Having been fed by and reflected upon the first reading, responsorial psalm and second reading, we now prepare to encounter Christ in the very words He spoke to us. The proclamation of the Gospel is the pinnacle moment of the Liturgy of the Word. We acclaim Christ in our midst using the word, “Alleluia.” There is a procession from the altar to the ambo with the Book of the Gospels — a book separate from the Lectionary containing only the Gospels used for Mass. The book is reverenced by holding it high and is often honored with incense to indicate the sacredness of the words that will be proclaimed from it. The deacon or priest who is charged with proclaiming the Gospel greets the assembly. The Gospel reading is announced and we respond “Glory to you, O Lord.” As this response is made it is customary to make a small sign of the cross with the thumb over the forehead, lips and heart indicating the desire for the Gospel of Christ to penetrate and dwell in our minds, upon our lips and in our hearts. Having readied ourselves to welcome Christ’s words into our very being with this gesture, we listen, we reflect, and we respond at the conclusion of the readings with an acclamation of praise:  “Praise to you, Lord Jesus Christ.”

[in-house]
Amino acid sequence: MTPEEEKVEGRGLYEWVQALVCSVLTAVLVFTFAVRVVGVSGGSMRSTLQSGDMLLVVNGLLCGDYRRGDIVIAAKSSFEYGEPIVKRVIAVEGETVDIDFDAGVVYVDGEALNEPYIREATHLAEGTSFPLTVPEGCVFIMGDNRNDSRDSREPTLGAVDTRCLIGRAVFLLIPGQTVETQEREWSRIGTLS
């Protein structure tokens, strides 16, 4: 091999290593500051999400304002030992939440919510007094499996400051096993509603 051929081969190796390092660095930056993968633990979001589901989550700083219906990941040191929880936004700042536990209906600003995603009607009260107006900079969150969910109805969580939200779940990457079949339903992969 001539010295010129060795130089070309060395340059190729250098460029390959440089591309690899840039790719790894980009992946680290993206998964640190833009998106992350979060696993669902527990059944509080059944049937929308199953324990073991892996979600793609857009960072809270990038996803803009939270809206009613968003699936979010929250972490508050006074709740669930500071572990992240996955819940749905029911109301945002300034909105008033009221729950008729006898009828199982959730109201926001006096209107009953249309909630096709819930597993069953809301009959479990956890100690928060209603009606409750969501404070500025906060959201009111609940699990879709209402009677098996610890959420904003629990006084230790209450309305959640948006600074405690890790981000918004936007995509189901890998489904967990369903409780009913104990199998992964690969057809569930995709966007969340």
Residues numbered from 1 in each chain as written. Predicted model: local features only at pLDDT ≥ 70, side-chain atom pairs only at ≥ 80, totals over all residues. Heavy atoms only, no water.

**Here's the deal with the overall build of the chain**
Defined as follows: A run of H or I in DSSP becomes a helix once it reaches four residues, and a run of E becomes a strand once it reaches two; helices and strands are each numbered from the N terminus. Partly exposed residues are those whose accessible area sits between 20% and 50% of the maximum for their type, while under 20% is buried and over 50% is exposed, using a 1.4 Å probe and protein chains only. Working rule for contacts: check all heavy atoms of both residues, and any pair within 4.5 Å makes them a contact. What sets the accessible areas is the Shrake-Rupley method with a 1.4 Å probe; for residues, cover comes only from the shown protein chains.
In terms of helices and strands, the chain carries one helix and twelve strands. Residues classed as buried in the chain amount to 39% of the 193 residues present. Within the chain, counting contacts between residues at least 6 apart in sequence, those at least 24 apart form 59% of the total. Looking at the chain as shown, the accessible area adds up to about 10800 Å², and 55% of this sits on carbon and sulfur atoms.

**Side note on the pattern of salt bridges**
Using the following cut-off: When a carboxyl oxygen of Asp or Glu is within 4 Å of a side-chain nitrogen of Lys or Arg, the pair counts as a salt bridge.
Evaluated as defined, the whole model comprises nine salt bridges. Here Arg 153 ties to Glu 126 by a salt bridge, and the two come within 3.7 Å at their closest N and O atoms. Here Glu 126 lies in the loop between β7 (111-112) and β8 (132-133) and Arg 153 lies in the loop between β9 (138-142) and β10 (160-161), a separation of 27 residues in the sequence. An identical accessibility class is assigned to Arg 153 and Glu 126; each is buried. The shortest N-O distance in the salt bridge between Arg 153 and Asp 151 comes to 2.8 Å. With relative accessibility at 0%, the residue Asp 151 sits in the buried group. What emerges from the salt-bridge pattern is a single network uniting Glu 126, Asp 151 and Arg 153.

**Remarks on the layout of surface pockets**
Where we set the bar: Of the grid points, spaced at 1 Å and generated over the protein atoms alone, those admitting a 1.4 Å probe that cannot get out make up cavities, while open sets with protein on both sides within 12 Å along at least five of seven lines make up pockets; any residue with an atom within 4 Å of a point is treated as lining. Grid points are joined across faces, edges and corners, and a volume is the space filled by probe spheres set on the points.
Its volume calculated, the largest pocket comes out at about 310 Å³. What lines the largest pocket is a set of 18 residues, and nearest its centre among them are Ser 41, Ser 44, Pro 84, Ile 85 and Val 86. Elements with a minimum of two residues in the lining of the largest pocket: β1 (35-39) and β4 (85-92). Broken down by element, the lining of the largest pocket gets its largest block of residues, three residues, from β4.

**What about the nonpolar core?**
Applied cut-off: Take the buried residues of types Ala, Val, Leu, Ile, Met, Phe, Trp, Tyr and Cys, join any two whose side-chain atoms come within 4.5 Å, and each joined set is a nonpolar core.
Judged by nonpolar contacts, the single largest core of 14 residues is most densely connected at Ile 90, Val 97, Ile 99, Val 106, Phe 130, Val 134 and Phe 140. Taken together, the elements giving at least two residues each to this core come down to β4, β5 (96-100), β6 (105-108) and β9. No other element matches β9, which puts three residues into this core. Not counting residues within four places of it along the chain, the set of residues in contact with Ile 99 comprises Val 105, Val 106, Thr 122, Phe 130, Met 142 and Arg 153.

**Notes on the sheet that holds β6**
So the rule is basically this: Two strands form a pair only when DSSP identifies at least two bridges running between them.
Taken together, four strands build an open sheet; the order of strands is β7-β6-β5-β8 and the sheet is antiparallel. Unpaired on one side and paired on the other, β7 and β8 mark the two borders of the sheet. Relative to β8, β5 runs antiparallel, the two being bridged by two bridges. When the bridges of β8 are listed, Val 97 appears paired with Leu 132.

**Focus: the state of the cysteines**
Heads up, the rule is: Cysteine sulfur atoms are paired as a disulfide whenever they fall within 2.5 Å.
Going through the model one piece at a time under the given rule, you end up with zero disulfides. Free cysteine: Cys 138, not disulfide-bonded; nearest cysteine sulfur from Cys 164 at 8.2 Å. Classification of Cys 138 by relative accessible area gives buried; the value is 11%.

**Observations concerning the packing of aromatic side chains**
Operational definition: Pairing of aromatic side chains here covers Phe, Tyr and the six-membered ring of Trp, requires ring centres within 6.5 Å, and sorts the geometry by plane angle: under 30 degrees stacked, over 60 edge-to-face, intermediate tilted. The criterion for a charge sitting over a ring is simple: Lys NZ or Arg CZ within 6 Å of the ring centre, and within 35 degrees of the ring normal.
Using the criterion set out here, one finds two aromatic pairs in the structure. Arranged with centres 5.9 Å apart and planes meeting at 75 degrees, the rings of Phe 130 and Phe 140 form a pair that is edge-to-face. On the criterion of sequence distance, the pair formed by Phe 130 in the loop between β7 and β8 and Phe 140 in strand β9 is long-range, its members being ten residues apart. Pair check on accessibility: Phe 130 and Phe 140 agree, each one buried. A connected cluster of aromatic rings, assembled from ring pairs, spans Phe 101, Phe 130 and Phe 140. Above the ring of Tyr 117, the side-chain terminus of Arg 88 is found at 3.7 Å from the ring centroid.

The homily is given by the priest-celebrant. The deacon of the Mass may also serve in this way. The goal of the homily is to explain and relate the words of the Gospel to the people gathered in this time and place. Ever ancient and ever new, the Gospel of Jesus Christ speaks to us in concrete ways whenever we encounter it. The more that this experience can be unfolded or “broken open” as bread for nourishment, the more we can see the richness of God’s love and mercy for us. Having been fed by the Word and reflecting on the power and meaning that the word has in our lives, we are moved to respond concretely and emphatically with our profession of faith.


In the profession of faith, usually expressed by the Nicene Creed or on occasion the Apostles’ Creed, we confirm the faith we have been given and the life we have been called to through our baptism in Christ. The profession of faith is a public expression of our Christian identity — it is our “seal” whereby we profess our firm belief in the God who created, redeemed and made us His own children by the power of the Holy Spirit.


Sometimes called the prayer of the faithful, the universal prayer is another response to the word we have heard and the faith we have professed. Our Baptism into the death and resurrection of Christ has made us into the priesthood of the baptized whose responsibility it is to offer prayer and petitions to God on behalf of all the people. In this prayer we are exercising our participation and sharing in the prayer of the universal Church. We also reflect the sacrificial nature of Christ’s priesthood in emptying ourselves for the needs of others, placing others before ourselves — putting their needs before our own.

Having been nourished and having responded to God’s holy word through prayer and petition, the Liturgy of the Word is complete with the conclusion of the universal prayer.

By Bruce Croteau, Special to the Florida Catholic, December 9, 2022

Read Part Three: The Meaning of the Mass: Christ is present in the Eucharist